Lecture 14. The law of iterated logarithm

We already observed that as a consequence of Kolmogorov’s continuity theorem, the Brownian paths are \gamma-Hölder continuous for every \gamma \in \left(0,\frac{1}{2}\right). The next proposition, which is known as the law of iterated logarithm shows in particular that Brownian paths are not \frac{1}{2}-Hölder continuous.

Theorem. Let (B_t)_{t\ge 0} be a Brownian motion. For s \ge 0,

\mathbb{P}\left( \lim \inf_{t \rightarrow 0} \frac{B_{t+s}-B_s}{\sqrt{2t \ln \ln \frac{1}{t}}} =-1 , \lim \sup_{t \rightarrow 0} \frac{B_{t+s}-B_s}{\sqrt{2t\ln \ln \frac{1}{t}}} =1 \right)=1.


Thanks to the symmetry and invariance by translation of the Brownian motion, it suffices to show that:

\mathbb{P}\left( \lim \sup_{t \rightarrow 0} \frac{B_{t}}{\sqrt{2t\ln \ln \frac{1}{t}}} =1 \right)=1.

Let us first prove that

\mathbb{P}\left( \lim \sup_{t \rightarrow 0} \frac{B_{t}}{\sqrt{2t \ln \ln \frac{1}{t}}} \le 1 \right)=1.

Let us denote

h(t)=\sqrt{2t \ln \ln \frac{1}{t}}.

Let \alpha, \beta >0, from Doob’s maximal inequality applied to the martingale \left(e^{\alpha B_t-\frac{\alpha^2}{2}t} \right)_{t \ge 0}, we have for t \ge 0:

\mathbb{P} \left(  \sup_{0 \le s \le t} \left( B_s-\frac{\alpha}{2}s\right)>\beta \right)=\mathbb{P} \left(  \sup_{0 \le s \le t} e^{\alpha B_s -\frac{\alpha^2}{2}s} >e^{\alpha \beta}\right) \le e^{-\alpha \beta}.

Let now \theta , \delta \in (0,1). Using the previous inequality for every n \in \mathbb{N} with

t=\theta^n, \alpha=\frac{(1+\delta)h(\theta^n)}{\theta^n}, \beta=\frac{1}{2} h (\theta^n),

yields when n \rightarrow +\infty,

\mathbb{P} \left(  \sup_{0 \le s \le \theta^n} \left( B_s -\frac{(1+\delta)h(\theta^n)}{2\theta^n}s\right)>\frac{1}{2} h (\theta^n) \right)=O\left( \frac{1}{n^{1+\delta}} \right).

Therefore from Borel-Cantelli lemma, for almost every \omega \in \Omega, we may find N(\omega)\in \mathbb{N} such that for n \ge N(\omega),

\sup_{0 \le s \le \theta^n} \left( B_s(\omega)-\frac{(1+\delta)h(\theta^n)}{2\theta^n} s\right) \le \frac{1}{2}h (\theta^n).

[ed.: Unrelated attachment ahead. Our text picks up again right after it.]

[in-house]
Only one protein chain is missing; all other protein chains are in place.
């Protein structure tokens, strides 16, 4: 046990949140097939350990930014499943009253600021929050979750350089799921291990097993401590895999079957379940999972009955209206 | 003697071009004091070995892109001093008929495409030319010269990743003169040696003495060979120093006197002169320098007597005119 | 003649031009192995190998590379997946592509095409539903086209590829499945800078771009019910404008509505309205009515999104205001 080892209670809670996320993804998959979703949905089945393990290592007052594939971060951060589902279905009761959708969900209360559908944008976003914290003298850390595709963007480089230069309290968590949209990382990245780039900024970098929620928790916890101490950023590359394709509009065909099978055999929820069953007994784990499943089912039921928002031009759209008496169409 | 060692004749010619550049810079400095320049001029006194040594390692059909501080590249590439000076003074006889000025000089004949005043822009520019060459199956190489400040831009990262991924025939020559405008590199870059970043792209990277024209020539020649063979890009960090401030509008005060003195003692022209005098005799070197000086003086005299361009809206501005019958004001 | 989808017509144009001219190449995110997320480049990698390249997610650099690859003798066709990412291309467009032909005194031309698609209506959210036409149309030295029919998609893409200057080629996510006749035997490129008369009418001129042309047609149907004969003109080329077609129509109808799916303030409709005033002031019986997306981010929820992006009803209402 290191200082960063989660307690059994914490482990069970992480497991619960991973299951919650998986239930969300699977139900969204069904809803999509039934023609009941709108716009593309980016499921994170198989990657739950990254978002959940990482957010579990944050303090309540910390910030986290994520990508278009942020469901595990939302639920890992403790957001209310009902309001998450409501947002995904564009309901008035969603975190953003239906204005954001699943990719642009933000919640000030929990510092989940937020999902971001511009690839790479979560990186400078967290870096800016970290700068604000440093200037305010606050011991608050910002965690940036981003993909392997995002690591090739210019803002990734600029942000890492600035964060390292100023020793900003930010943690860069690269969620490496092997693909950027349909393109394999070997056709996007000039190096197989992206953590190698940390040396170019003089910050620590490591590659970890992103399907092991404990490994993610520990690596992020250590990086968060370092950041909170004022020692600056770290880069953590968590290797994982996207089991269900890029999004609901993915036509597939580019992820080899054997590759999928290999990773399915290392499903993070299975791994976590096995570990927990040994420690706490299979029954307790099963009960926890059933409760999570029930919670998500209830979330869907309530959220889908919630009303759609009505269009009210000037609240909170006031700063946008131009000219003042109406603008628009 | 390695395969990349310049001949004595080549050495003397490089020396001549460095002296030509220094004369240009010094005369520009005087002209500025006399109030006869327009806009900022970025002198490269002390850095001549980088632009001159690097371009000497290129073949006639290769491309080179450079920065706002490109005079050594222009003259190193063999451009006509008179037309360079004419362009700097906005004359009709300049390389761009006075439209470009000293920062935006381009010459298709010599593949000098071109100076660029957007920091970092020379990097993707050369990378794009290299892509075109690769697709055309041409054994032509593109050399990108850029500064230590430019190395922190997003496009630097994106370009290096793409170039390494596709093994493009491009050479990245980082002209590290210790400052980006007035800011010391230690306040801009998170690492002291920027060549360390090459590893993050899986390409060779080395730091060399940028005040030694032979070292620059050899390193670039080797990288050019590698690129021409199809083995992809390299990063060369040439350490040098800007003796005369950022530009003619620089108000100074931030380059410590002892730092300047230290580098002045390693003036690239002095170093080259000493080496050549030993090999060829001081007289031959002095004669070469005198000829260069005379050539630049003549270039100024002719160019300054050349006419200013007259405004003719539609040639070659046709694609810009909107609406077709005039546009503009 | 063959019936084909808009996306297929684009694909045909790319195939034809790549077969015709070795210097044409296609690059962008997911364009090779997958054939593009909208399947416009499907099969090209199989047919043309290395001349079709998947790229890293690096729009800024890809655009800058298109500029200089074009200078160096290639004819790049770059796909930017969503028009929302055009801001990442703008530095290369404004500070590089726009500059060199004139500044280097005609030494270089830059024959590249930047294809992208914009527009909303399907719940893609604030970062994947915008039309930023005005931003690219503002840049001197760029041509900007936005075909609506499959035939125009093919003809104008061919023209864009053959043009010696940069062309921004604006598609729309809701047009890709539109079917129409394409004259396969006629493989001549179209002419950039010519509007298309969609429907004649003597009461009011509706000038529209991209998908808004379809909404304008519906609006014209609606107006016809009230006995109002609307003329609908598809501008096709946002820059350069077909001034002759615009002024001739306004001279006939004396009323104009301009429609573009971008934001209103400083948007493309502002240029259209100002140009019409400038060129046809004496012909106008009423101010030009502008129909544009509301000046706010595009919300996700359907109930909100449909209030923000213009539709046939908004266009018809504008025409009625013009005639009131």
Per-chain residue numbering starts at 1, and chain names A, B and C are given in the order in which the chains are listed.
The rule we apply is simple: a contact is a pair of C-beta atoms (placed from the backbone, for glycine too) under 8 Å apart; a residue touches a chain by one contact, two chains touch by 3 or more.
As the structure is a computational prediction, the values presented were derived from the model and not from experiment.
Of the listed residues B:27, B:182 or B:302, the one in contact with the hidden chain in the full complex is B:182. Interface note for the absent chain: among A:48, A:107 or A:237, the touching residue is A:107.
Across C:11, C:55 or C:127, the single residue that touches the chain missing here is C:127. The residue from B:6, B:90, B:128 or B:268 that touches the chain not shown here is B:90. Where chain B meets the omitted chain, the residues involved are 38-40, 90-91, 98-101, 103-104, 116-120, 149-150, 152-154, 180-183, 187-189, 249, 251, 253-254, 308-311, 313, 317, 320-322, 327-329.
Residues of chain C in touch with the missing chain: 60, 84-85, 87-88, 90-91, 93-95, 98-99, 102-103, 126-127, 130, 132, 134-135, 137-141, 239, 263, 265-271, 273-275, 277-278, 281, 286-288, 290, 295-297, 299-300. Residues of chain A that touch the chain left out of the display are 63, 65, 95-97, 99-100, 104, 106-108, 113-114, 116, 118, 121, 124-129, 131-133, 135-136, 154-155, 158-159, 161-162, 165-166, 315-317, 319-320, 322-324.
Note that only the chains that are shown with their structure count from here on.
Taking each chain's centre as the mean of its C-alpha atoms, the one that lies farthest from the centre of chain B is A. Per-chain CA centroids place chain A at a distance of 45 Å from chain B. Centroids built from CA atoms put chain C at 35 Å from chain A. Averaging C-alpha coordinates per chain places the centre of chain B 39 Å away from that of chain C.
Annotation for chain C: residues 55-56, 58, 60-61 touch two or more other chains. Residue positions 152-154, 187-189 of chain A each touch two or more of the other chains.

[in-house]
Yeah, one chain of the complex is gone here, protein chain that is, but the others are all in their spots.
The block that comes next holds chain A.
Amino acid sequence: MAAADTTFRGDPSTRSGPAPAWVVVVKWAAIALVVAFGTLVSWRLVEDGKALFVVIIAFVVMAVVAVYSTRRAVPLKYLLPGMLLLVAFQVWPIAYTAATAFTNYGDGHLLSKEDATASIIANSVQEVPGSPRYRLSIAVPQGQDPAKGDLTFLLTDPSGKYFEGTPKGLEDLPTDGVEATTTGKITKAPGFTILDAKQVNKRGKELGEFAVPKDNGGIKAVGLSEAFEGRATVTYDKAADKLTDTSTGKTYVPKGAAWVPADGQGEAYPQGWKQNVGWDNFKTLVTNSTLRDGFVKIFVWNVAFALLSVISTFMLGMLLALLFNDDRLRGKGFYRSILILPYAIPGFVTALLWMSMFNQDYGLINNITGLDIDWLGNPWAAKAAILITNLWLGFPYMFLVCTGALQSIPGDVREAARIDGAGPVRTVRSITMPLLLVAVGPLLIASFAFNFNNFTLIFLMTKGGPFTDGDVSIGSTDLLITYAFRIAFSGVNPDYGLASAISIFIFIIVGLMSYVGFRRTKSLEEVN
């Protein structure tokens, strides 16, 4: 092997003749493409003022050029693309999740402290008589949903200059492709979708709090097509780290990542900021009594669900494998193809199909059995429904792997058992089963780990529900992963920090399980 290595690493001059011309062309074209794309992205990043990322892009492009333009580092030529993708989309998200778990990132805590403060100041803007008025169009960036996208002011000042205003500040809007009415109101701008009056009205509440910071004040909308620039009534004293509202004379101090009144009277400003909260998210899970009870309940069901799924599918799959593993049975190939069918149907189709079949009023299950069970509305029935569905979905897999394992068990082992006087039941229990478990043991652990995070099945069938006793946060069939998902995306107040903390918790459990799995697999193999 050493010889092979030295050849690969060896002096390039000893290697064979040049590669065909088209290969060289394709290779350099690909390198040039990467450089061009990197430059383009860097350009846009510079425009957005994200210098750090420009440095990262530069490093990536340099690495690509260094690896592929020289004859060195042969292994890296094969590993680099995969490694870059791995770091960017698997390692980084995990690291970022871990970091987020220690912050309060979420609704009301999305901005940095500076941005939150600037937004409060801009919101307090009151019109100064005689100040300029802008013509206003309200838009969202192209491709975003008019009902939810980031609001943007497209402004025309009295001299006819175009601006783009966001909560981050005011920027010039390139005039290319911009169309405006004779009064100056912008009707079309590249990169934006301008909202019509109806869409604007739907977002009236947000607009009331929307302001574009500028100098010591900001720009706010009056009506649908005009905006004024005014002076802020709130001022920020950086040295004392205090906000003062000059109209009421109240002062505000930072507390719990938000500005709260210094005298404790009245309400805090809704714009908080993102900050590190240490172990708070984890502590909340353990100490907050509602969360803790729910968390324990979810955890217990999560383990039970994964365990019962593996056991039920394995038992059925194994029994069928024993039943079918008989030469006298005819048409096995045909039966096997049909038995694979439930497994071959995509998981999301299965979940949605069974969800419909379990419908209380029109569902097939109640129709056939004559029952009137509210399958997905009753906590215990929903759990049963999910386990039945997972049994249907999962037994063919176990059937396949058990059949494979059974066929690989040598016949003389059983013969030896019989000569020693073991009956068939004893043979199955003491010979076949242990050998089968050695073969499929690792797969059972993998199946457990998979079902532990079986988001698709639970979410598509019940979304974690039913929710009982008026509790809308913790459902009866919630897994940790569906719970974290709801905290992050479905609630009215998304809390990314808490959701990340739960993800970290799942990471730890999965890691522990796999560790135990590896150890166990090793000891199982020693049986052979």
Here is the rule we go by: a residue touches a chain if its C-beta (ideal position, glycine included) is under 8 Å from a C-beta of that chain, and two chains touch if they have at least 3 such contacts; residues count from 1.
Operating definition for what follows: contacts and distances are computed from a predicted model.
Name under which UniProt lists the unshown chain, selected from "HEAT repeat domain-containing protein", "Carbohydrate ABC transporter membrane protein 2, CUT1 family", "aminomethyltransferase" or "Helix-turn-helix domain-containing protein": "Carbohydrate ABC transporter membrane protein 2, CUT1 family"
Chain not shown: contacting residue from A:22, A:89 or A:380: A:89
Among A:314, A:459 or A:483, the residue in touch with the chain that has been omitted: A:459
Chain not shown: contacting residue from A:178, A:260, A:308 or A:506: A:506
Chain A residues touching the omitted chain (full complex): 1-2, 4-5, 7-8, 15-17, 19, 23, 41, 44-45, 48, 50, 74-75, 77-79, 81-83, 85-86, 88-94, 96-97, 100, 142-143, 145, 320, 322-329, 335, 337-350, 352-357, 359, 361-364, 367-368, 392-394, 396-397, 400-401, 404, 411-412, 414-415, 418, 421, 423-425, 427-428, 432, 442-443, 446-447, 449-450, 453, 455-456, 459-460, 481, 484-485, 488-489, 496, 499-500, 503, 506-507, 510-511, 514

\sup_{0 \le s \le \theta^n} \left( B_s(\omega) -\frac{(1+\delta)h(\theta^n)}{2\theta^n} s\right) \le \frac{1}{2} h (\theta^n)

implies that for \theta^{n+1} \le t\le \theta^n,

B_t (\omega) \le \sup_{0 \le s \le \theta^n} B_s(\omega) \le \frac{1}{2} (2+\delta)h (\theta^n) \le \frac{(2+\delta)h(t)}{2\sqrt{\theta}}.

We conclude:

\mathbb{P}\left( \lim \sup_{t \rightarrow 0} \frac{B_{t}}{\sqrt{2t\ln \ln \frac{1}{t}}} \le \frac{2+\delta}{2\sqrt{\theta}}\right)=1.

Letting now \theta \rightarrow 1 and \delta \rightarrow 0 yields

\mathbb{P}\left( \lim \sup_{t \rightarrow 0} \frac{B_{t}}{\sqrt{2t \ln \ln \frac{1}{t}}} \le 1\right)=1.

Let us now prove that

\mathbb{P}\left( \lim \sup_{t \rightarrow 0} \frac{B_{t}}{\sqrt{2t\ln \ln \frac{1}{t}}} \ge 1 \right)=1.

Let \theta \in (0,1). For n \in \mathbb{N}, we denote

A_n=\left\{ \omega, B_{\theta^n}(\omega)-B_{\theta^{n+1}}(\omega) \ge (1-\sqrt{\theta})h(\theta^n)\right\}.

Let us prove that
\sum \mathbb{P} (A_n)=+\infty.

The basic inequality
\int_{a}^{+\infty} e^{-\frac{u^2}{2}}du \ge \frac{a}{1+a^2}e^{-\frac{a^2}{2}},


\mathbb{P} (A_n)=\frac{1}{\sqrt{2\pi}}\int_{a_n}^{+\infty}e^{-\frac{u^2}{2}}du  \ge \frac{a_n}{1+a_n^2}e^{-\frac{a_n^2}{2}},


a_n=\frac{(1-\sqrt{\theta})h(\theta^n)}{\theta^{n/2} \sqrt{1-\theta}}.

When n \to +\infty,

\frac{a_n}{1+a_n^2} e^{-\frac{a_n^2}{2}}=O\left(\frac{1}{n^{\frac{1+\theta-2\sqrt{\theta}}{1-\theta}}}\right),


\sum \mathbb{P} (A_n)=+\infty.

As a consequence of the independence of the Brownian increments and of Borel-Cantelli lemma, the event

B_{\theta^n}-B_{\theta^{n+1}} \ge (1-\sqrt{\theta})h(\theta^n)

will occur almost surely for infinitely many n‘s. But, thanks to the first part of the proof, for almost every \omega, we may find N(\omega) such that for n \ge N(\omega),

B_{\theta^{n+1}}>-2h(\theta^{n+1})\ge-2\sqrt{\theta} h(\theta^n).

Thus, almost surely, the event

B_{\theta^n} >h(\theta^n)(1-3\sqrt{\theta})

will occur for infinitely many n‘s. This implies

\mathbb{P}\left( \lim \sup_{t \rightarrow 0} \frac{B_{t}}{\sqrt{2t \ln \ln \frac{1}{t}}} \ge 1-3\sqrt{\theta} \right)=1.

We finally get

\mathbb{P}\left( \lim \sup_{t \rightarrow 0} \frac{B_{t}}{\sqrt{2t \ln \ln \frac{1}{t}}} \ge 1 \right)=1.

by letting \theta \to 0 \square

As a straightforward consequence, we may observe that the time inversion invariance property of Brownian motion implies:

Corollary. Let (B_t)_{t\ge 0} be a standard Brownian motion.

\mathbb{P}\left( \lim \inf_{t \rightarrow +\infty} \frac{B_{t}}{\sqrt{2t \ln \ln t}} =-1,\lim  \sup_{t \rightarrow +\infty} \frac{B_{t}}{\sqrt{2t \ln \ln t}} =1\right)=1.

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